Denso do Brasil is only one of 179 consolidated subsidiaries of Denso Japan, one of the world’s leading manufacturers of car parts and automotive components with 106,000 employees in 32 countries. An integral member of the Denso family – in constant communication with its corporate “siblings” and with access to the latest technology, equipment, and production methods of a global giant – Denso Brasil is the first of four autonomously run Denso affiliates to mark its presence in Brazil. While the company has brought global quality, innovations and standards to Brazil, it has also had to adapt to the peculiarities of the Brazilian market. The result has been a juggling act, which Denso Brasil has performed with great dexterity.
“Essentially, we are a global company that works to meet the needs of our clients all over the world,” declares Ronaldo Araújo, commercial manager of Denso Brasil. “We have important clients in Europe and the U.S. that rely on the latest global technology developed by our laboratories coupled with the brand-name quality and standards that have made Denso the third largest auto parts manufacturer in the world after Bosch (of Germany) and Delphi (of the U.S.).”
Like its competitors in Brazil, Denso Brasil relies heavily on the export market and focuses much of its efforts on meeting the requirements of demanding American and European clients. “Exports have increased a lot. Around 30 percent of all the automotive industry in Brazil today – parts and assembled vehicles – relies on the export market,” explains Araújo. “In Brazil, there is still a lack of consumer buying power. The domestic industry doesn’t grow that much – only around 5 percent a year. In 2006, approximately 2.5 million vehicles will be manufactured here. That’s a small volume compared with figures in the U.S. and Europe.”
Banking on Quality
Because they are commodities with set international prices, selling auto parts in Brazil – like anywhere – can be a tricky game. To differentiate itself in the marketplace, both within Brazil and overseas, Denso Brasil plays the quality card. Aside from its world-renowned brand name and its finely tuned logistics – based on the TIE (Total Industrial Engineering) philosophy, better known as the Toyota Production System – Denso’s strategy is to seriously invest in research and development. In terms of air conditioning systems, for example, its state-of-the-art laboratories include a performance room, a climatic chamber, (for climatic tests of components used in heaters, ventilators and air conditioners), and a room for measuring noise and vibrations. Says Araújo: “Our laboratories are incredibly well-structured and superior to those of our competitors here. Our development capacity is greater.”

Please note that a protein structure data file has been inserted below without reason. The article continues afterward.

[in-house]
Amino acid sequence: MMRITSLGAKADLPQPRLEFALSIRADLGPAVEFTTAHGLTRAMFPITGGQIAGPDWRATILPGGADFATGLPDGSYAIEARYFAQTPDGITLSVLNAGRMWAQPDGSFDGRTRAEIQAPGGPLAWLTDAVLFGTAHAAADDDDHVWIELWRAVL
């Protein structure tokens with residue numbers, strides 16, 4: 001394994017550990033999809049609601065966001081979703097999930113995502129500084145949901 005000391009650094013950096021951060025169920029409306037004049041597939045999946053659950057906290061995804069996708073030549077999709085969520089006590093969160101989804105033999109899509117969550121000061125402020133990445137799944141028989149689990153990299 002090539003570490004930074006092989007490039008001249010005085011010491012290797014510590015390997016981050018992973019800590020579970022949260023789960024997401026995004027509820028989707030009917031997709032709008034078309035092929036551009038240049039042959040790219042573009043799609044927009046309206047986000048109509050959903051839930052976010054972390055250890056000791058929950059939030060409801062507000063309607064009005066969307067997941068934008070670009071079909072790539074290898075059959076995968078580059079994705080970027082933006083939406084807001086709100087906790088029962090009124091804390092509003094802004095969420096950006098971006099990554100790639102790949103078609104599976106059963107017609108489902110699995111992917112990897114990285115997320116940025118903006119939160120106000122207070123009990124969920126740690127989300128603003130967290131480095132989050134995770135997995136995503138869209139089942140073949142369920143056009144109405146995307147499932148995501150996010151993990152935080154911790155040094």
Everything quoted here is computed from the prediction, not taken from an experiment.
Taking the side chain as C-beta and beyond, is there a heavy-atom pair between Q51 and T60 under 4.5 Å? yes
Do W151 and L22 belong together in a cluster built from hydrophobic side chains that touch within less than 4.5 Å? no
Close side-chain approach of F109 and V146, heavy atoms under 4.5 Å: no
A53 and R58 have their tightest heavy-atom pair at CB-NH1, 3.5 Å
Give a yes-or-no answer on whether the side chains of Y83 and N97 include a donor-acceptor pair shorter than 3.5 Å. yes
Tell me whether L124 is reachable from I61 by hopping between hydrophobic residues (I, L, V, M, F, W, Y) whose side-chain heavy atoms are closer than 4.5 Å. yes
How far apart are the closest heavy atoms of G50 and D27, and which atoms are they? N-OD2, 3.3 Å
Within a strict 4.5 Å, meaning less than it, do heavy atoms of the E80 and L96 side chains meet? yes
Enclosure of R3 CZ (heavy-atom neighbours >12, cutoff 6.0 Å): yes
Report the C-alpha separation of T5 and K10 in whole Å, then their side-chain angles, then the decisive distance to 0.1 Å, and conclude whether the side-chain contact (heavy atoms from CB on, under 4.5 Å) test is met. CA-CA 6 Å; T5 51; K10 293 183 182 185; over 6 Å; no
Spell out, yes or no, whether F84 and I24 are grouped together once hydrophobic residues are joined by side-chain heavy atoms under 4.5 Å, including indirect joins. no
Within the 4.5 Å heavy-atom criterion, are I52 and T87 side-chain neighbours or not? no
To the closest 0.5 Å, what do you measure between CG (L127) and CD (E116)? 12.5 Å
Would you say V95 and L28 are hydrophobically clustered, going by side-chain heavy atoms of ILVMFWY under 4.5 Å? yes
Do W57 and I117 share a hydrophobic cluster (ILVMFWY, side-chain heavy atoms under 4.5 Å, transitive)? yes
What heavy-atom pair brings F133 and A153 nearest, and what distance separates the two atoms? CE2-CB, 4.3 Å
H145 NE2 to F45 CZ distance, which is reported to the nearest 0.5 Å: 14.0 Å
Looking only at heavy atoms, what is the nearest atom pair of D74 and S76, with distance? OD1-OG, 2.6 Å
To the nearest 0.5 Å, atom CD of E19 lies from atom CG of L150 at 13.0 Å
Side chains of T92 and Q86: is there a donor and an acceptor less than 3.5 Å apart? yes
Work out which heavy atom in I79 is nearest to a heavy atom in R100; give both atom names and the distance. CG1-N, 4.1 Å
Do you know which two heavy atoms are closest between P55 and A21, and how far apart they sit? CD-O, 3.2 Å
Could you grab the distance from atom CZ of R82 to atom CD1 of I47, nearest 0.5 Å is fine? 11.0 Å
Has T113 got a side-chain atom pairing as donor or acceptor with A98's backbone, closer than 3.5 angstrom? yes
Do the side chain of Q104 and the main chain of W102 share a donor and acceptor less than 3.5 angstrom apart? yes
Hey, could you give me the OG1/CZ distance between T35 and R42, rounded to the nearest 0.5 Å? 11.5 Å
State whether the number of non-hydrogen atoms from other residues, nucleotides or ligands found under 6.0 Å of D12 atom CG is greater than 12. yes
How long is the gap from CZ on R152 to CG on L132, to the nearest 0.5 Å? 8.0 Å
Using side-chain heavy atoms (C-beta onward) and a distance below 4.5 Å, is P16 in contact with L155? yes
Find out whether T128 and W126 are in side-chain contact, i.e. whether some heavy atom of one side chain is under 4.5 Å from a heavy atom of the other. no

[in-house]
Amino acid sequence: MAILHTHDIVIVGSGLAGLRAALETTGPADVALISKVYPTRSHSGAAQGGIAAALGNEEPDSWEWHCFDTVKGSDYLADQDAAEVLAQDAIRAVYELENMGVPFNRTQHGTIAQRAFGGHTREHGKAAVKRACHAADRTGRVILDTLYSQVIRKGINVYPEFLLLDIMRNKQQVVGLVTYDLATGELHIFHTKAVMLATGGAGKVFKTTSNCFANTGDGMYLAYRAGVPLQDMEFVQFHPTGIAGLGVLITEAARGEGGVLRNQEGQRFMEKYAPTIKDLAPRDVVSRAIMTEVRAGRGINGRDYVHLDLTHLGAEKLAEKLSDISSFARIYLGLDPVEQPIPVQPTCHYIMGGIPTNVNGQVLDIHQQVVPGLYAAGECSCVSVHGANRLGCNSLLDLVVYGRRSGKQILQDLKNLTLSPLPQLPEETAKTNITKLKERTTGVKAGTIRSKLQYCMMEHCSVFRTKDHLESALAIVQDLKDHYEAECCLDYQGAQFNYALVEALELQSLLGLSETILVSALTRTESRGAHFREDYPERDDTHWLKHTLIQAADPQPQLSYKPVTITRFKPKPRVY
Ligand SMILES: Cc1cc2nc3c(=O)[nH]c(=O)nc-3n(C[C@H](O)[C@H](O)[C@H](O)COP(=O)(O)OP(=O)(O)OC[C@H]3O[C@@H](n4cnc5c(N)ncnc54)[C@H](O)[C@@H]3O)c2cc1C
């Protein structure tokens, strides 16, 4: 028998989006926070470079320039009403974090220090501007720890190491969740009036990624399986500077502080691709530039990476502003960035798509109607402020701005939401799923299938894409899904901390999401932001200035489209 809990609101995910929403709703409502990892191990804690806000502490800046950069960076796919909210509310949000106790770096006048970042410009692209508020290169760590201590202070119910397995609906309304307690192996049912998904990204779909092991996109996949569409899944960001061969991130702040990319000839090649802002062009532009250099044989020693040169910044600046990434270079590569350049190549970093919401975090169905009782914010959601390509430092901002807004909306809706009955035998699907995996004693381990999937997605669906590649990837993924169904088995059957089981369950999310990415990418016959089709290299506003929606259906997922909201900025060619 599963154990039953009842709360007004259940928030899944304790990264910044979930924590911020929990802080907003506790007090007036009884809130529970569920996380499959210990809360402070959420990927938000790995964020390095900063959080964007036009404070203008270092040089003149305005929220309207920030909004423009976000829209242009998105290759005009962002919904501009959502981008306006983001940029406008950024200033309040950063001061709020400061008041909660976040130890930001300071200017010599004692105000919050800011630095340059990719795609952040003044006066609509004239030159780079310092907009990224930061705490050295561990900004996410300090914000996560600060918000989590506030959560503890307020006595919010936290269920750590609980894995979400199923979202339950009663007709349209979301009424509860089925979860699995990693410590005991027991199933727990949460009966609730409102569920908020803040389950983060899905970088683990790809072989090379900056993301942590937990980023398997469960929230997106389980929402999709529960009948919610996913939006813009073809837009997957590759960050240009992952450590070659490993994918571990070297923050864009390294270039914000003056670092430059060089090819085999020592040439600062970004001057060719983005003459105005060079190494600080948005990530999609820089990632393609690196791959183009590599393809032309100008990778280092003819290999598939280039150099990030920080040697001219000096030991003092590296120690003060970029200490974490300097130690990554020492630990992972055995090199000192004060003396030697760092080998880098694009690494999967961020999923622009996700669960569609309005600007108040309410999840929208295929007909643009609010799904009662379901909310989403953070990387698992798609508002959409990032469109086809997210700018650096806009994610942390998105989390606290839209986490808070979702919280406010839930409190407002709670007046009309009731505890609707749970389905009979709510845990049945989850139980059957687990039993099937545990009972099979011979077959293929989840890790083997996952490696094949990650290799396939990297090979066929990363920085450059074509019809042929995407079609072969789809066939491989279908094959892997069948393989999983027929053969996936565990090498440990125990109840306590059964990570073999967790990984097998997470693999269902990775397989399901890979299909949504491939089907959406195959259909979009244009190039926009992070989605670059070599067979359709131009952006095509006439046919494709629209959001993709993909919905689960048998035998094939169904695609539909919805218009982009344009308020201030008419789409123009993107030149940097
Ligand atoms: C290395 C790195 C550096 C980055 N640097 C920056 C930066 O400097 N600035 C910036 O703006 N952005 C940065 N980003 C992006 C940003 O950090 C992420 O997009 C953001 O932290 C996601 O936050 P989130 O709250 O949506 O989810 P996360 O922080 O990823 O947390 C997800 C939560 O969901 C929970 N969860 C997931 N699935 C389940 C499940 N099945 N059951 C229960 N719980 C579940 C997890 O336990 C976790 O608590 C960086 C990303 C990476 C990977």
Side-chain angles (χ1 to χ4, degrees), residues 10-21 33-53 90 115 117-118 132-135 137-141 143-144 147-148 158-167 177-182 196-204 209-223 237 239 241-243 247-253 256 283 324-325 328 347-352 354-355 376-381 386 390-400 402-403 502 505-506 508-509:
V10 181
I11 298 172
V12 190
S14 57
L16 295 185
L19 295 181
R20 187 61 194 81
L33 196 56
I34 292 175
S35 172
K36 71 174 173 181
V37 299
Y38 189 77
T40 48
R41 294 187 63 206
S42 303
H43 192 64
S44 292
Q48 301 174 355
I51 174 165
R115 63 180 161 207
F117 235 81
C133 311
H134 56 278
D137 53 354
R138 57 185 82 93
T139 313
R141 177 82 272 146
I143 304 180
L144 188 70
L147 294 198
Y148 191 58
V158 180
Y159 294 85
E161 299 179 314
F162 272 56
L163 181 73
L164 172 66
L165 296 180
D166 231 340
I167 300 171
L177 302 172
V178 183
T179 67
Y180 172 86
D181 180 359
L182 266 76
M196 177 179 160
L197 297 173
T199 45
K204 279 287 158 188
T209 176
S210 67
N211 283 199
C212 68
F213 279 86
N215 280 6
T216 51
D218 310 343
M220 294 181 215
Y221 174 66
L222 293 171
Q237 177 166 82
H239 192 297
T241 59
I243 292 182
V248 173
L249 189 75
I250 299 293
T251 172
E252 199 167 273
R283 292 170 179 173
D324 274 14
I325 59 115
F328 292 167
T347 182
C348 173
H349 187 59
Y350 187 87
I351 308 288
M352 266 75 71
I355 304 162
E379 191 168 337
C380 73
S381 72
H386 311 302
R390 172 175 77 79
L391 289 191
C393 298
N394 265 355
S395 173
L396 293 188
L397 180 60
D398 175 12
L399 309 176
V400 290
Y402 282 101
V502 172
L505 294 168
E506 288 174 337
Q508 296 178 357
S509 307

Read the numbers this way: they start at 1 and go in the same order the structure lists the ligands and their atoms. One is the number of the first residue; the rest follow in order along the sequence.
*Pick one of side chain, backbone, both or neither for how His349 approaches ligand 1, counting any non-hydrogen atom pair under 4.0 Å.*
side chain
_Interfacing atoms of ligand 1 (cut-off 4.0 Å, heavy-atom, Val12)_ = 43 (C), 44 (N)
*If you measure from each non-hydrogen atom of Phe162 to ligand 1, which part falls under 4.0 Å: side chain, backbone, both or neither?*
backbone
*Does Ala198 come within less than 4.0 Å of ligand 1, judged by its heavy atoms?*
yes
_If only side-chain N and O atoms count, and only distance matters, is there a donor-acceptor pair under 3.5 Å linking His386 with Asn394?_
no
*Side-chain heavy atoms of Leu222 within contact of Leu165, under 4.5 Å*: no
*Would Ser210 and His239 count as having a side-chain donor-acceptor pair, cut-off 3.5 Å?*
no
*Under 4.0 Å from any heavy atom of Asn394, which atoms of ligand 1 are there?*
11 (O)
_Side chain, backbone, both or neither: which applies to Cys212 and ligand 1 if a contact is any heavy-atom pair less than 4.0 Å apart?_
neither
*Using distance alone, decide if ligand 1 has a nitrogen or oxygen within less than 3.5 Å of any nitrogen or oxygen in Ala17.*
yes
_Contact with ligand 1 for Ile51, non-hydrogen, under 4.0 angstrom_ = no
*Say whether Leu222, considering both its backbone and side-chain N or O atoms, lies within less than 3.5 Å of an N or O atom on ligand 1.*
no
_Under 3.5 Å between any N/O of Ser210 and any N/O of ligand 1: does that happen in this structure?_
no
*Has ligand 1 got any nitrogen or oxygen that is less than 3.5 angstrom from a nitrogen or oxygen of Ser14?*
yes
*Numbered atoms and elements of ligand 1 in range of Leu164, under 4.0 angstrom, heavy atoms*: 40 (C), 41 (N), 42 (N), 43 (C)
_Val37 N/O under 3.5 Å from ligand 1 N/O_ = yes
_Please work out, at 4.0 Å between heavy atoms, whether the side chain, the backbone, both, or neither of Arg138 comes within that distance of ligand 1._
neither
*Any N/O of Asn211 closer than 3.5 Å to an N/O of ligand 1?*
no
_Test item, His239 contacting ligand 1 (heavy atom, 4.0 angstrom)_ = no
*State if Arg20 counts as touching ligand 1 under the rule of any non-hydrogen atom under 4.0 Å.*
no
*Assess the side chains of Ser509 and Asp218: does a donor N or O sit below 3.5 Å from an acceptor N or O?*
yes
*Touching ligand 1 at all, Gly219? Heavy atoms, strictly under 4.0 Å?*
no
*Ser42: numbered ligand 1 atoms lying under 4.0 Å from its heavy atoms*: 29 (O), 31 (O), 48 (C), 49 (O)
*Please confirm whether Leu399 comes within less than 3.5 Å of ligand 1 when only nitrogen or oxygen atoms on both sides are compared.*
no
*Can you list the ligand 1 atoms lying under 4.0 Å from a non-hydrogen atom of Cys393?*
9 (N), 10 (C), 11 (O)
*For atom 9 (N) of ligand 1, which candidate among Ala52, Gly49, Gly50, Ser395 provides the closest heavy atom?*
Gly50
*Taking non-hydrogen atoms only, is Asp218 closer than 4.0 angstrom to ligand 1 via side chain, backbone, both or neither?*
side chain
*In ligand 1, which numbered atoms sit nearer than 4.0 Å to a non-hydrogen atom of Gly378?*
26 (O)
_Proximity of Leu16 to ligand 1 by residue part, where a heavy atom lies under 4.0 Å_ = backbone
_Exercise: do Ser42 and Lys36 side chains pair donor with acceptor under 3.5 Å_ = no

With the support of the worldwide Denso clan, Denso Brasil can pursue its goal of extending existing product lines while constantly adding new components. Over the next five years, products manufactured by Denso plants in other parts of the world will be introduced by Denso Brasil as part of an aggressive plan to achieve organic growth and reach more clients, particularly assemblers, thus increasing output volume.
With a quarter-century’s experience in Brazil, Denso has had lots of time to hone its strategy. Denso Brasil set up shop in 1980, in São Paulo, but didn’t start producing parts until the completion of its 540,000-square-foot factory complex in Curitiba, capital of the southern state of Paraná. It began by producing air conditioning compressors for the Brazilian market and one of its first clients was General Motors Brasil. The following year, it inaugurated two new product lines – motor pumps and motorcycle magnetos – and began exporting compressors to overseas clients. Since then, Denso’s product line has expanded significantly to include condensors, evaporators, radiators, tubes, intercoolers and HVAC (heating, ventilation, and air conditioning) systems.